The Ithics Files: (2) when the jury was out on SuperKev & Quinn

This, the second extract from our near-complete set of the lamented fanzine It’s The Hope I Can’t Stand is a classic mixture of retrospective wisdom and downright mischief-making. Back we go to the 1997/1998 season and the origins of a fabulous Premier League strike pairing …

It is not the sort of thing anyone wants to be reminded of: even the slightest hint of hesitancy in initial thoughts on one Kevin Phillips, and a distinctly undecided assessment of Niall Quinn.

That, however, is how Ithics saw things back then. There are strong mitigating factors, and we will get to them, but Salut! Sunderland cannot resist the temptation to dip into edition No 2 – when the writer of each article was still anonymous – and repeat these snippets from a piece entitled: “Reid’s Transfer Record – Hit or Miss?”

* Niall Quinn

The North East’s ever-inventive press corps devised a number of extremely dubious nicknames for the big man (who dreamt up Quininho?), before injury struck hm down. Quinn renewed his season ticket on the Roker Park physio’s couch. His performances to date have veered from reasonable to Ormondroydesque.

Verdict: The jury is out

* Kevin Phillips

Most recently, Reid has bought Lee Clark, Kevin Phillips, Chris Byrne and Chris Makin. It’s too early to say whether or not these players will enjoy successful careers at Sunderland.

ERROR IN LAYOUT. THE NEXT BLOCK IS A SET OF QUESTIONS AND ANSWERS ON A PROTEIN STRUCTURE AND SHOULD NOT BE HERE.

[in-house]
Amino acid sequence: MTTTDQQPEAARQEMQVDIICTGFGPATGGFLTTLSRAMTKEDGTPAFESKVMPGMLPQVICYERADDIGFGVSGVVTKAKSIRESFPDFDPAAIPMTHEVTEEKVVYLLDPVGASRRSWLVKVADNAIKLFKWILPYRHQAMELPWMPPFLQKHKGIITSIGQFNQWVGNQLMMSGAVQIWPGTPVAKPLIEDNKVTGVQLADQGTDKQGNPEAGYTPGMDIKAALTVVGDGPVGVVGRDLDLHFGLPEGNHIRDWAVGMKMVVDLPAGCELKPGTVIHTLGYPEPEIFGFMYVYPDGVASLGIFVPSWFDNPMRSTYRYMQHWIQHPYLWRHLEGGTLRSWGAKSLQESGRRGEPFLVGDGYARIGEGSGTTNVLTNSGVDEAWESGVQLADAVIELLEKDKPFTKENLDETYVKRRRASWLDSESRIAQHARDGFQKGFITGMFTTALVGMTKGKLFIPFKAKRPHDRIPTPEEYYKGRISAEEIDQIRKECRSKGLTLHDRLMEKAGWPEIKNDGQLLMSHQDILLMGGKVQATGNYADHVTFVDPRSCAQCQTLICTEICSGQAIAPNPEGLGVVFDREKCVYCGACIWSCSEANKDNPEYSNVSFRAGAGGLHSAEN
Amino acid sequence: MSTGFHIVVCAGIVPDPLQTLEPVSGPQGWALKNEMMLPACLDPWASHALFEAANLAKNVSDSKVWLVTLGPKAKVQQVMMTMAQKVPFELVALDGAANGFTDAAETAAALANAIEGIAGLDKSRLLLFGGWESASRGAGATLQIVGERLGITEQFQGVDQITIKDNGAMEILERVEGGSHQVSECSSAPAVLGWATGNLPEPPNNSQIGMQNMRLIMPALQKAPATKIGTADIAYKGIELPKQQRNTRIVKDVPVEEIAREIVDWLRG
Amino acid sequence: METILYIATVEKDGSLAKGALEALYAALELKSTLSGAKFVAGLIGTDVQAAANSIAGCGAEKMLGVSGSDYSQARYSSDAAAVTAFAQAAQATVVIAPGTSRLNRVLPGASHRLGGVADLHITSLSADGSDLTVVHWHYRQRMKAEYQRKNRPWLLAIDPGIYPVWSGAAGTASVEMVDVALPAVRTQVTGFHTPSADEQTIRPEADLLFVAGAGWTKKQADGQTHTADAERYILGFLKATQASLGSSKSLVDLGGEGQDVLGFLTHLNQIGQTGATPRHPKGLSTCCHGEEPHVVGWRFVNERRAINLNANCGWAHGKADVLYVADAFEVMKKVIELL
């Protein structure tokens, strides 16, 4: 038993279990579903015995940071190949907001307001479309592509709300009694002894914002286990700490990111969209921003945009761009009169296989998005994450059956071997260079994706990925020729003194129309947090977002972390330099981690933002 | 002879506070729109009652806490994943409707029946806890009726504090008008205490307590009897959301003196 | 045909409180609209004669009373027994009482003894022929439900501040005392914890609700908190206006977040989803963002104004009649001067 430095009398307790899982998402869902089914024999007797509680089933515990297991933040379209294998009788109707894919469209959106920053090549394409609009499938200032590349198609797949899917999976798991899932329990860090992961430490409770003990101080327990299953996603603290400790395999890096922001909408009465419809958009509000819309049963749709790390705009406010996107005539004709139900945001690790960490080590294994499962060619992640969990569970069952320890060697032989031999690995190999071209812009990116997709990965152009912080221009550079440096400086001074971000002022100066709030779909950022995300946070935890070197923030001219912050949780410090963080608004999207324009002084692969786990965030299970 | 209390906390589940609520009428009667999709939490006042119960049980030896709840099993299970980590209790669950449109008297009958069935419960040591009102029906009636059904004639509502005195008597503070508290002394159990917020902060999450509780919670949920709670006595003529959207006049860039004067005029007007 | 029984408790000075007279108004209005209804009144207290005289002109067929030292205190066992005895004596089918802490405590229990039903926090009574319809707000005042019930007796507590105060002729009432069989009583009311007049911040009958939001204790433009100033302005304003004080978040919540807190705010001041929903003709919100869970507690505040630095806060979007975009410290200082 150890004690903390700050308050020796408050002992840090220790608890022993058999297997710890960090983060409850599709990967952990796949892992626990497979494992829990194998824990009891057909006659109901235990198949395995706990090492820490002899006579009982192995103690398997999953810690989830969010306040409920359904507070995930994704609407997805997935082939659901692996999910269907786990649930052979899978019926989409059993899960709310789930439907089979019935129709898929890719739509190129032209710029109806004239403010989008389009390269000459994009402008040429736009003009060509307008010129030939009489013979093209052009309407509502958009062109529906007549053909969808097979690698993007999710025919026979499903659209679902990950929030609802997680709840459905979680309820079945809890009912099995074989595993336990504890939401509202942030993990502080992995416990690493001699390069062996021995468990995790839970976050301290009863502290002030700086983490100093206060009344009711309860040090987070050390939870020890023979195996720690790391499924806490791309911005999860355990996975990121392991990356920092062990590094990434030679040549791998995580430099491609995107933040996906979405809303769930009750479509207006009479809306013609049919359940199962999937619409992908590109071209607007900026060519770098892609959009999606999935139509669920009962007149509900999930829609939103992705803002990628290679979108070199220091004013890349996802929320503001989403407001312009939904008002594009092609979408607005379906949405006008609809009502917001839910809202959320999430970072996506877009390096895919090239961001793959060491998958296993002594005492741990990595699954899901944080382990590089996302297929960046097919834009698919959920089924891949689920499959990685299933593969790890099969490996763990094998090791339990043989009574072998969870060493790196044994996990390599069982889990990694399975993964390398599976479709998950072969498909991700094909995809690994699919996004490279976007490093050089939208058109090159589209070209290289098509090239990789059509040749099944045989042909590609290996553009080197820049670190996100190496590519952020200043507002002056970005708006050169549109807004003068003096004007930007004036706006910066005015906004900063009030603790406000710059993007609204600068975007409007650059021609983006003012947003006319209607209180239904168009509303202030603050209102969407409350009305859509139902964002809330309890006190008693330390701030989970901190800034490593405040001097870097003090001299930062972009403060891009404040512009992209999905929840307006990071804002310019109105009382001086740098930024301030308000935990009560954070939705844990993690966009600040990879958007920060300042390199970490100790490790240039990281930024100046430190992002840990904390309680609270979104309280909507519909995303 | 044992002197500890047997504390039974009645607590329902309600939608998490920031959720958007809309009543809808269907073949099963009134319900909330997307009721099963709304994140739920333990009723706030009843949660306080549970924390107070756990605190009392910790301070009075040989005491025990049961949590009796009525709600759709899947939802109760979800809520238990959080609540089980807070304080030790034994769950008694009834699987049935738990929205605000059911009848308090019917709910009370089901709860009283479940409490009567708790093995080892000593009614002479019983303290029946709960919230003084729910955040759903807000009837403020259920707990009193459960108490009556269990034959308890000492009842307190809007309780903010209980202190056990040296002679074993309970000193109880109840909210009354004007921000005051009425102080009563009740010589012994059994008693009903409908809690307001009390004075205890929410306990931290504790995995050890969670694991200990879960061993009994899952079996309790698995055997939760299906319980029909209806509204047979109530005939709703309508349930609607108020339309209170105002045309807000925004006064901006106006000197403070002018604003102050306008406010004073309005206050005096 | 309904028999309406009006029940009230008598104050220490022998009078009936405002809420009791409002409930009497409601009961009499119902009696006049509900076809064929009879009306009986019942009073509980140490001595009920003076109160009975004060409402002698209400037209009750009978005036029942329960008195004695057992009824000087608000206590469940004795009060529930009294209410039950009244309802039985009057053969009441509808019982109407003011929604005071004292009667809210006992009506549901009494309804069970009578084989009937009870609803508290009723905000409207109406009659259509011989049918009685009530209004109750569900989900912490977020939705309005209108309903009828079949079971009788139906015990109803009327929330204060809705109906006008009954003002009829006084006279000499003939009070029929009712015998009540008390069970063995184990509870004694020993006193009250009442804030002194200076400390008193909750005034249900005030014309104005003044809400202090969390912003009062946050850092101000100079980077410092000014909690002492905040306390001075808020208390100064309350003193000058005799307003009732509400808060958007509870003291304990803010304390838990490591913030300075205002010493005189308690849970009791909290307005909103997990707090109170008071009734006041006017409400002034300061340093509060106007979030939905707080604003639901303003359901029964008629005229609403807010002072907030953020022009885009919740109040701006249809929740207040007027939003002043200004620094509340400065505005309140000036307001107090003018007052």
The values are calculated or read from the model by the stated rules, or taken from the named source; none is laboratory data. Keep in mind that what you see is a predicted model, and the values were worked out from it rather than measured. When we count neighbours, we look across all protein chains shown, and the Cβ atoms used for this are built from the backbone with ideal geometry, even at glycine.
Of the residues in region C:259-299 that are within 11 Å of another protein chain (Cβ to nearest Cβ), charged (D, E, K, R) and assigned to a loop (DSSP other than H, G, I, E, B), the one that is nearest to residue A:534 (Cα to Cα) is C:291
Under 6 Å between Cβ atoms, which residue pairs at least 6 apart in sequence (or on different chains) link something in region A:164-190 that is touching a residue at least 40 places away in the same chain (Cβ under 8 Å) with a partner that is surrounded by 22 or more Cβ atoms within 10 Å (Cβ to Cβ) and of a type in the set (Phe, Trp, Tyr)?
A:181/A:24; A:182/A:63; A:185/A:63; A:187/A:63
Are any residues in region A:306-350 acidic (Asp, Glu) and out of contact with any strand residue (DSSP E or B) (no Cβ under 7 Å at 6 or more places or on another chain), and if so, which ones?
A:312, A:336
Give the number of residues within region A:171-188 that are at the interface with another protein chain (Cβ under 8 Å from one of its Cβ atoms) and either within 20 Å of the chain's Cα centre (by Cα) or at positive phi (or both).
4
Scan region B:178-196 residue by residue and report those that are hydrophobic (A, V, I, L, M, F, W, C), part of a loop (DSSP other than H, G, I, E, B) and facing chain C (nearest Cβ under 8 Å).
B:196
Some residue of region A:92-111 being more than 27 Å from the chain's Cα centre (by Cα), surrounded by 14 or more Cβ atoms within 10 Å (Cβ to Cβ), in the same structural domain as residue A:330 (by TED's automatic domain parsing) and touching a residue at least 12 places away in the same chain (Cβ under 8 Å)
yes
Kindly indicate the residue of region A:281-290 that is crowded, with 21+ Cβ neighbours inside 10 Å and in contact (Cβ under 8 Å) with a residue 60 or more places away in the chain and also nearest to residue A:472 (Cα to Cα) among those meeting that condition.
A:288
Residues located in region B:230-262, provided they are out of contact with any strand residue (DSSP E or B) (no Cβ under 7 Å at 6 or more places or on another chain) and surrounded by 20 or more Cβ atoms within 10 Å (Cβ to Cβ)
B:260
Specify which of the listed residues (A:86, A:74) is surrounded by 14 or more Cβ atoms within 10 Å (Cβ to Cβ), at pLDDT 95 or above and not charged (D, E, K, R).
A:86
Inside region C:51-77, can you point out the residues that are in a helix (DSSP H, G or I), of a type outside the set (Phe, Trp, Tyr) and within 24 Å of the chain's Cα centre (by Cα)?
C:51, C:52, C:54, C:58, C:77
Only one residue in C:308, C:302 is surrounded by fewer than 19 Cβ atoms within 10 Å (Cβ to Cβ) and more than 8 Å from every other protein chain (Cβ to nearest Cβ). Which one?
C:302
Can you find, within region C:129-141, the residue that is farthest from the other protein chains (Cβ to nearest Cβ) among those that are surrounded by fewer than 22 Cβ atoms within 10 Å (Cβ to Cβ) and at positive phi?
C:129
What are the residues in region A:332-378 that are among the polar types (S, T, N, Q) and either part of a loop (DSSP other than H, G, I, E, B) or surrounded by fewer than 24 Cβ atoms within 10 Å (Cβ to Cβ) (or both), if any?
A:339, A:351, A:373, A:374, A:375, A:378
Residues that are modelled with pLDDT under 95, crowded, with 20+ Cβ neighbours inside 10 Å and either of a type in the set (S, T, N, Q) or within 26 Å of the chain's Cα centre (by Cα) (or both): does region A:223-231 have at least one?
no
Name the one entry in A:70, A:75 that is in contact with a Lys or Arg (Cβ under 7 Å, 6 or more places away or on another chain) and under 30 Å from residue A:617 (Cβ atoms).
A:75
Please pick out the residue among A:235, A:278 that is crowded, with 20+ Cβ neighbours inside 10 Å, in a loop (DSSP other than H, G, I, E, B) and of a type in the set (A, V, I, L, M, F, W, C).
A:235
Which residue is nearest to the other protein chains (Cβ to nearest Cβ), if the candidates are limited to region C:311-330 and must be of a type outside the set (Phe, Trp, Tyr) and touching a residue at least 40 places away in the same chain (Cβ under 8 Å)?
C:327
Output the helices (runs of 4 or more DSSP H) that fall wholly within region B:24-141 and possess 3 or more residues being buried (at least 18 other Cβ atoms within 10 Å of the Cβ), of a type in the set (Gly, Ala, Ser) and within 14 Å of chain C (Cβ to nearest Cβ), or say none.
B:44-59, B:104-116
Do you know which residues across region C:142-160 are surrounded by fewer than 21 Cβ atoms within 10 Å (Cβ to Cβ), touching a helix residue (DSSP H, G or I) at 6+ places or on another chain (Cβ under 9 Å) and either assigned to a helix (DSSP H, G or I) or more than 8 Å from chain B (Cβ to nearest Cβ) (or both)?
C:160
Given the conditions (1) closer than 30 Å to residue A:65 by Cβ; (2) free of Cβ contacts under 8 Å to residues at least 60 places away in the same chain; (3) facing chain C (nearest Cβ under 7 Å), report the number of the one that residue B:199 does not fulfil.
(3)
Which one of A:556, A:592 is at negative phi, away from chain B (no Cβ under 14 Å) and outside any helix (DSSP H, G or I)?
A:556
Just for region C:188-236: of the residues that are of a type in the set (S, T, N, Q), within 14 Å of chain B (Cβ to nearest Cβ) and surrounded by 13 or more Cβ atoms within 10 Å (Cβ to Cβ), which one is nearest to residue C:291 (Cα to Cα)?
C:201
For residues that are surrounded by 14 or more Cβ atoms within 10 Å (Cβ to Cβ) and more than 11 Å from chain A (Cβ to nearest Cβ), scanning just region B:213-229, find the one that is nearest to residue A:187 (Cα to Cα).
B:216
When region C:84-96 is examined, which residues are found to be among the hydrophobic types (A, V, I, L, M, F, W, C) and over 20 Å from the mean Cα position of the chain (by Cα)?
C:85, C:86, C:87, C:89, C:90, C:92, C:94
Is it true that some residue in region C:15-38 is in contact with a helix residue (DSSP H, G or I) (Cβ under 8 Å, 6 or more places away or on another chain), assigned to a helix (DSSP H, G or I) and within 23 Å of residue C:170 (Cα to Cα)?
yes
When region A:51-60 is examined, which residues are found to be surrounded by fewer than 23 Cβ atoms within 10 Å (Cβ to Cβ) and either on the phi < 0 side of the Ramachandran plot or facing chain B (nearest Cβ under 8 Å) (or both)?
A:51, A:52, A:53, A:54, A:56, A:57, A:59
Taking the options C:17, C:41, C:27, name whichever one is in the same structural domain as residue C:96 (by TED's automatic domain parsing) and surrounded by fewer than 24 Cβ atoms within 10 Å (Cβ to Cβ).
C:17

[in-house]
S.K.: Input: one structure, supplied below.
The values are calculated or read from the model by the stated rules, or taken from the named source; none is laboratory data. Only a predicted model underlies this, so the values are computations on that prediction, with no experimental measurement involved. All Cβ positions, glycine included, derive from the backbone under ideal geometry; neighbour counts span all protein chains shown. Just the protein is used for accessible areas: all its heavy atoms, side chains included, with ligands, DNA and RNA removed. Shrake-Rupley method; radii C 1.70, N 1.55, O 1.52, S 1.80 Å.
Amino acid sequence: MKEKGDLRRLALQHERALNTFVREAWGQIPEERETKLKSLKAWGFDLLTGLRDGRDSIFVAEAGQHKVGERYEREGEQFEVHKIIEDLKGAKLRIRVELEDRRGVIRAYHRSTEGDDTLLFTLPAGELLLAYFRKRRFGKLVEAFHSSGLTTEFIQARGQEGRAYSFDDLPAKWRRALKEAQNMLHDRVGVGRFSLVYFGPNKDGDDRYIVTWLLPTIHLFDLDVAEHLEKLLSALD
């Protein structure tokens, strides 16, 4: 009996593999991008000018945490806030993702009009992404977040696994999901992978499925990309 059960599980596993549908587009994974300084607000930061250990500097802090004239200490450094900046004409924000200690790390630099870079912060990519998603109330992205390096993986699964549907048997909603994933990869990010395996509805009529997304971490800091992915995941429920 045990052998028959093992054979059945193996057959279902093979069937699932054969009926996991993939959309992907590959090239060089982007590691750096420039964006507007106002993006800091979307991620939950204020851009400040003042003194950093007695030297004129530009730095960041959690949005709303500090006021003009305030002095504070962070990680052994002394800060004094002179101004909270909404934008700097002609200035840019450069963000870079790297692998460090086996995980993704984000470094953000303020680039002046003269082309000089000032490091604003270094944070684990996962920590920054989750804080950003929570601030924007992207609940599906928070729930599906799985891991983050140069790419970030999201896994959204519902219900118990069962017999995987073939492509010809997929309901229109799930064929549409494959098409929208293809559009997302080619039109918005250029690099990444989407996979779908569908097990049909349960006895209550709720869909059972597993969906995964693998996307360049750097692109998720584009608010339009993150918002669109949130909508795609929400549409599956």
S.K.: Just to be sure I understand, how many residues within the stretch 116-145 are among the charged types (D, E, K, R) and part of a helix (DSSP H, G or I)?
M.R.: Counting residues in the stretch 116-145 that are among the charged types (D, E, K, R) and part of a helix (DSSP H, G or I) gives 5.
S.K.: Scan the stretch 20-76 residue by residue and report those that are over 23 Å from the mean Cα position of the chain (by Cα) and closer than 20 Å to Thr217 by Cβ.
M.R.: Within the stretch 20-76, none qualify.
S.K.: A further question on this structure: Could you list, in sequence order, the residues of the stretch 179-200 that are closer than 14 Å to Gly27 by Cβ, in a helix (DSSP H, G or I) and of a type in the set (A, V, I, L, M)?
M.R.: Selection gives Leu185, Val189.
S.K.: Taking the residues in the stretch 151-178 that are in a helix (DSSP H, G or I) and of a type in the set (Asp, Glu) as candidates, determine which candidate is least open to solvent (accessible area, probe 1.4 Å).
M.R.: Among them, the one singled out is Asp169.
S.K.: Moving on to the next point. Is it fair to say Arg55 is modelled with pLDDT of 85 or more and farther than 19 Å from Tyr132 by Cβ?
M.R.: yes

Verdict: none delivered

And in a later edition of Ithics (No 6, published in March 1998 as we headed towards playoff disappointment at Wembley), Mark Egan, co-editor and author of the marvellous spoof contract negotiations between John Ficking (then chief executive) and Allan “Magic Johnston”, wrote this:

Kevin Phillips

Super certainly deserves a crack at top-flight football. His pace, invention and confidence have delighted us this season and I think he can scare the wits out of some Premier back lines. But he will need to convert a greater percentage of the chances he creates in order to become a truly top-class striker.

Hang on, I hear Mark say, wasn’t that an overwhelmingly positive appraisal? And he’d be right. What’s more, the same edition that contained the “hit or miss” squad ratings had a double-page spread on SuperKev that concluded: “Kevin Phillips has, in only six games, established himself a top-quality striker. The like of which we haven’t seen on Wearside since Marco Gabbiadini. Obviously, the lad has yet to establish hismelf in the Premier League but we like what we’ve seen so far.”

Not many people would have quarrelled with the doubt about Quinny either. It took the remarkable success of treatment to his career-threatening injury to turn him from a lame has-been into one of the most effective No 9s, in so many ways, that I have had the pleasure to watch in Sunderland colours. Hindsight, of course, is easy. But mine tells me Niall Quinn was most emphatically 50 per cent of the NQ/SKP partnership.

I did warn there might be mischief afoot.

But it is a treat to look back, recall the qualified acclaim and recall just what a “truly top-class striker” SuperKev showed himself to be, so ably complemented by Quinn, and how many Premier back fours the pair of them terrorised when we eventually did gain promotion.

Look out for more from the Ithics Files …

Monsieur Salut

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